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in his Image o/bothe Churches, printed by Richard Jugge, London, no date (circa,, 1550), B b viii. recto. Among other things he enumerates, —

"All shrynes, images, church-stoles, and paces that are well payed for, all banner stares, Fater-noster scores, and peces of the holy crosse."

I say nothing of the spirit or taste which pervades the work, but it is impossible that such things as pews and pew rents could have entered into the bishop's head if they never existed. The first edition is placed by Watt 1550, only two years after Grafton printed the first Primer, and long before the Reformation had time to influence the " manners and customs" of the people.

A. A.

Longevity or Clergymen (3rd S. v. 22.)—The Rev. Peter Young, minister of Wigton, was appointed to that charge in 1799, and is now the only minister in the Church of Scotland who dates from the last century. G.

Mat: Tri-milchi (3rd S. iv. 516.) —As an illustration of the milk-producing qualities of the month of May, I may mention that when my housekeeper expressed surprise to the fish boy, who brought her shrimps one May morning, that they were so early, he answered: "Oh, yes, ma'am, shrimps always come in in May with the fresh butter." kent

Pholeys (3'd S. v. 12.)—These people are clearly the Fulas, otherwise called Fulani, or Fellatahs. The description of their character by Edward Cave, in 1733, is singularly in accordance with what modern travellers have stated of them. The works of Clapperton and Dr. Barth should be consulted by E. H. A., if he is curious to learn more. p_ Q

&ulrellaiumur. NOTES OX BOOKS, ETC.

The Life and Correspondence of George Calixtus, Lutheran Abbot of Konigshutter, and Professor Primarius in the University of Helmstadt. By the Rev. VV. C. Dowding, M.A. (J. H. &. Jas. Parker.) B

We heartily thank Mr. Dowding for introducing as to as ripe a scholar, as good a Christian, and as kind-hearted a man as ever breathed. And we hope our readers will lose no time in making acquaintance with so pleasing a biography. Here they may read of College life at Helmstadt, out-heroding the worst bullying of our public schools — of conversions to Rome among his old fellowcollegians, which were grief of heart to onr Protestant Professor—of the thirty years' war scattering his 600 academics to the winds —of the abortive conference at Thorn—of his yearnings and strivings to heal over the wounds of disunited Christendom. It is a touching story; troubles abroad, but peace always at the heart. J\18 a.b'0?raPhy which will always be pro6table to the thoughtful reader. Just now it possesses an additional interest, as taking us into the debatable ground of Holstein and Sleswig. which Mr. Dowding puts well before the eyes of his readers. Calixtus was a Sleswiger.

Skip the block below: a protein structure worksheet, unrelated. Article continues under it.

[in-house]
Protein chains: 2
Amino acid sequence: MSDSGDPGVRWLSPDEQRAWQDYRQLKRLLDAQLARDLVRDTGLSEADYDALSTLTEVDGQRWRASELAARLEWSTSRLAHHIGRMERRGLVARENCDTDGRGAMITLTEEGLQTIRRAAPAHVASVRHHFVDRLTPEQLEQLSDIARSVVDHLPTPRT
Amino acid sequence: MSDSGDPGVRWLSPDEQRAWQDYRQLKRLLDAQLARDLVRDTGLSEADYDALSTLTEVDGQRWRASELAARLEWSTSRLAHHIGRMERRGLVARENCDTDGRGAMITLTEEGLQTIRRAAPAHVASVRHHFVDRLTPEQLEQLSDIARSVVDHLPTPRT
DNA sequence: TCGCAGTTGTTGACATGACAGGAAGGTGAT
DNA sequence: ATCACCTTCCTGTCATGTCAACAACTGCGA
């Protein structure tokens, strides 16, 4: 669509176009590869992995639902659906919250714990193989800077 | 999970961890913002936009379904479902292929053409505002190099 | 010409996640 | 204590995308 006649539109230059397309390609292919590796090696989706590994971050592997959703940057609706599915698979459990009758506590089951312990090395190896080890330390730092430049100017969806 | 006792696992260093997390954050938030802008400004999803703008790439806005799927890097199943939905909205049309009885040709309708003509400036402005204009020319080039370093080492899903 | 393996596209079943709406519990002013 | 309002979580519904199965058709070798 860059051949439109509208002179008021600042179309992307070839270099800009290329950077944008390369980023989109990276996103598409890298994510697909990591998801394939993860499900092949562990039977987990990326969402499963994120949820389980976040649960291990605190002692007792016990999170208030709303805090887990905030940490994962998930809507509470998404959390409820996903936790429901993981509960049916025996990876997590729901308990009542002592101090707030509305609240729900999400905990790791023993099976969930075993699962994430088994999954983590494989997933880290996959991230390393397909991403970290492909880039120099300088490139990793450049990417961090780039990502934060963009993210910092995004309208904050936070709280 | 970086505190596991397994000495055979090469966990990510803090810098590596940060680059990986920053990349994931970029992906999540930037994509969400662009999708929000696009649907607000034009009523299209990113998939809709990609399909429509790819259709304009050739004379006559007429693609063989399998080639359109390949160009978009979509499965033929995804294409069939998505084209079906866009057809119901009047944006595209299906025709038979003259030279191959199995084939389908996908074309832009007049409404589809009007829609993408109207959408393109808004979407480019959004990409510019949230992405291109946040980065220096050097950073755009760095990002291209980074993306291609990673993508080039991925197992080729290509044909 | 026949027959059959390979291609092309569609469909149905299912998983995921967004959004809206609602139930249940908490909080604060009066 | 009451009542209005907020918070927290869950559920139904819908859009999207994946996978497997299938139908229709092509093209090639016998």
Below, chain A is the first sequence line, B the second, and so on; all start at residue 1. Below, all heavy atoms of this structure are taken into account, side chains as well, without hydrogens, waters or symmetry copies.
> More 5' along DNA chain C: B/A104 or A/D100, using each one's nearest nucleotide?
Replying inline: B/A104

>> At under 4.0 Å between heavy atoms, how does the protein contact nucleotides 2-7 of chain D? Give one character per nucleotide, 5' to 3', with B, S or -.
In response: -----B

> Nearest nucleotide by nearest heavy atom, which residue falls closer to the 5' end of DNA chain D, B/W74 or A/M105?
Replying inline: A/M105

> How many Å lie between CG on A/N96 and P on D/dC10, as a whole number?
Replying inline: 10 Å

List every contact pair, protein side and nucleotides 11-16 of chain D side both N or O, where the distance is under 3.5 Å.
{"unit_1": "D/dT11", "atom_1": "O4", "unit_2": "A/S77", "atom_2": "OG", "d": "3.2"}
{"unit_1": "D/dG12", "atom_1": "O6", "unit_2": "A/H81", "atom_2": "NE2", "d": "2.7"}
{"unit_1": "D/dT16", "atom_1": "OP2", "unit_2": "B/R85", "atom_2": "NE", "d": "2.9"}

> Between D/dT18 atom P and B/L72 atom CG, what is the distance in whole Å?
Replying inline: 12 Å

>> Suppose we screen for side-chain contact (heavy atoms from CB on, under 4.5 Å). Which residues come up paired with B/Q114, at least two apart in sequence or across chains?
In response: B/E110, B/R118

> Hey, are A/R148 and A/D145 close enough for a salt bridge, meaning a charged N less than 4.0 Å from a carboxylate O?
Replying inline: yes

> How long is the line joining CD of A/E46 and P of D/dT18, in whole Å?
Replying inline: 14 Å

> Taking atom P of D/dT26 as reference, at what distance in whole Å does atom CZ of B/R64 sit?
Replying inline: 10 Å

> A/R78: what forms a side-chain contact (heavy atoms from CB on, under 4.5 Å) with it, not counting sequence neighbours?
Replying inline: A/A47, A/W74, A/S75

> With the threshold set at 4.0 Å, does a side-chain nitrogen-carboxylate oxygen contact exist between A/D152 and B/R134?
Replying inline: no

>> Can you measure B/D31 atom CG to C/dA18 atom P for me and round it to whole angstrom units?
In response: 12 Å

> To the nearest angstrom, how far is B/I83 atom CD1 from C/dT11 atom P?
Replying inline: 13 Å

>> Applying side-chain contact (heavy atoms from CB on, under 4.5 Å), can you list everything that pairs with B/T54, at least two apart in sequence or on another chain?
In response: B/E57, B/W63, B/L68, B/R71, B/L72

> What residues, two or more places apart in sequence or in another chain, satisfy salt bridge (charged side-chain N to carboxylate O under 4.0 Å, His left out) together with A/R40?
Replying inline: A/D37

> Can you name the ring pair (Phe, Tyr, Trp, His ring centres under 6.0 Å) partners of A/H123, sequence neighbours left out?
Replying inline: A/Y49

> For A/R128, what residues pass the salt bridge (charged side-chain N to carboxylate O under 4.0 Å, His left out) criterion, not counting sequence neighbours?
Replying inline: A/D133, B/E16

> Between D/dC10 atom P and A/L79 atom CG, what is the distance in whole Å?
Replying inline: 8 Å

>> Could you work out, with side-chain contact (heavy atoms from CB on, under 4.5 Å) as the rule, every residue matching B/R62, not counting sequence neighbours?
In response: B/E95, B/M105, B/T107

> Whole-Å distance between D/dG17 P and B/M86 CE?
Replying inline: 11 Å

Narratives of the Expulsion oftlu English from Normandy, Jiccccxlix—Mccocl. Bobertus Blondellus de Reduction Normunnia-; Le Recovvrement de Normendie par Btrry, Herault du Boy; Conferences between the Ambassadors of France and England. Edited by the Rev. Joseph Stevenson. (Published under the Direction of the Master of the Rolls ) (Longman.)

The learned editor of the present volume remarks, with great truth, thnt there could be no more appropriate accompaniment to the volumes which trest of The Wars of the English in France—which have already appeared in the present Series of Chronicles—than the tracts here printed from MSS. in the Imperial Librarv at Paris; which enable us to trace, day by day, and step by step, the causes which led to the expulsion of the English from Normandy. Blondel's narrative records with considerable minuteness the events which occurred from the capture of Fougeres, when the truce between England and France was broken, to the final expulsion of the English after the loss of Cherbourg—and is the most important record which we have of this interesting period. The work of Jacques le Bouvier, surnamed Berry, the first King of Arms of Charles VII., closely follows that of Blondel in its arrangement and details; but contains some particulars not recorded by him. The negotiations between the Ambassadors of France and England, which extended from the 20th June to 4th July, 1449, give completeness to the work, on which the editor has bestowed his wonted diligence and learning.

A Spring and Summer in Lapland; uritlt Notes on the Fauna of Lukii Lapmark. By an Old Bushman. (Groombridge.)

Originally published in The Field, where thev were favourably received, these Notes on Lapland and its Fauna will be very acceptable to lovers bf natural history, and particularly so to students of ornithology.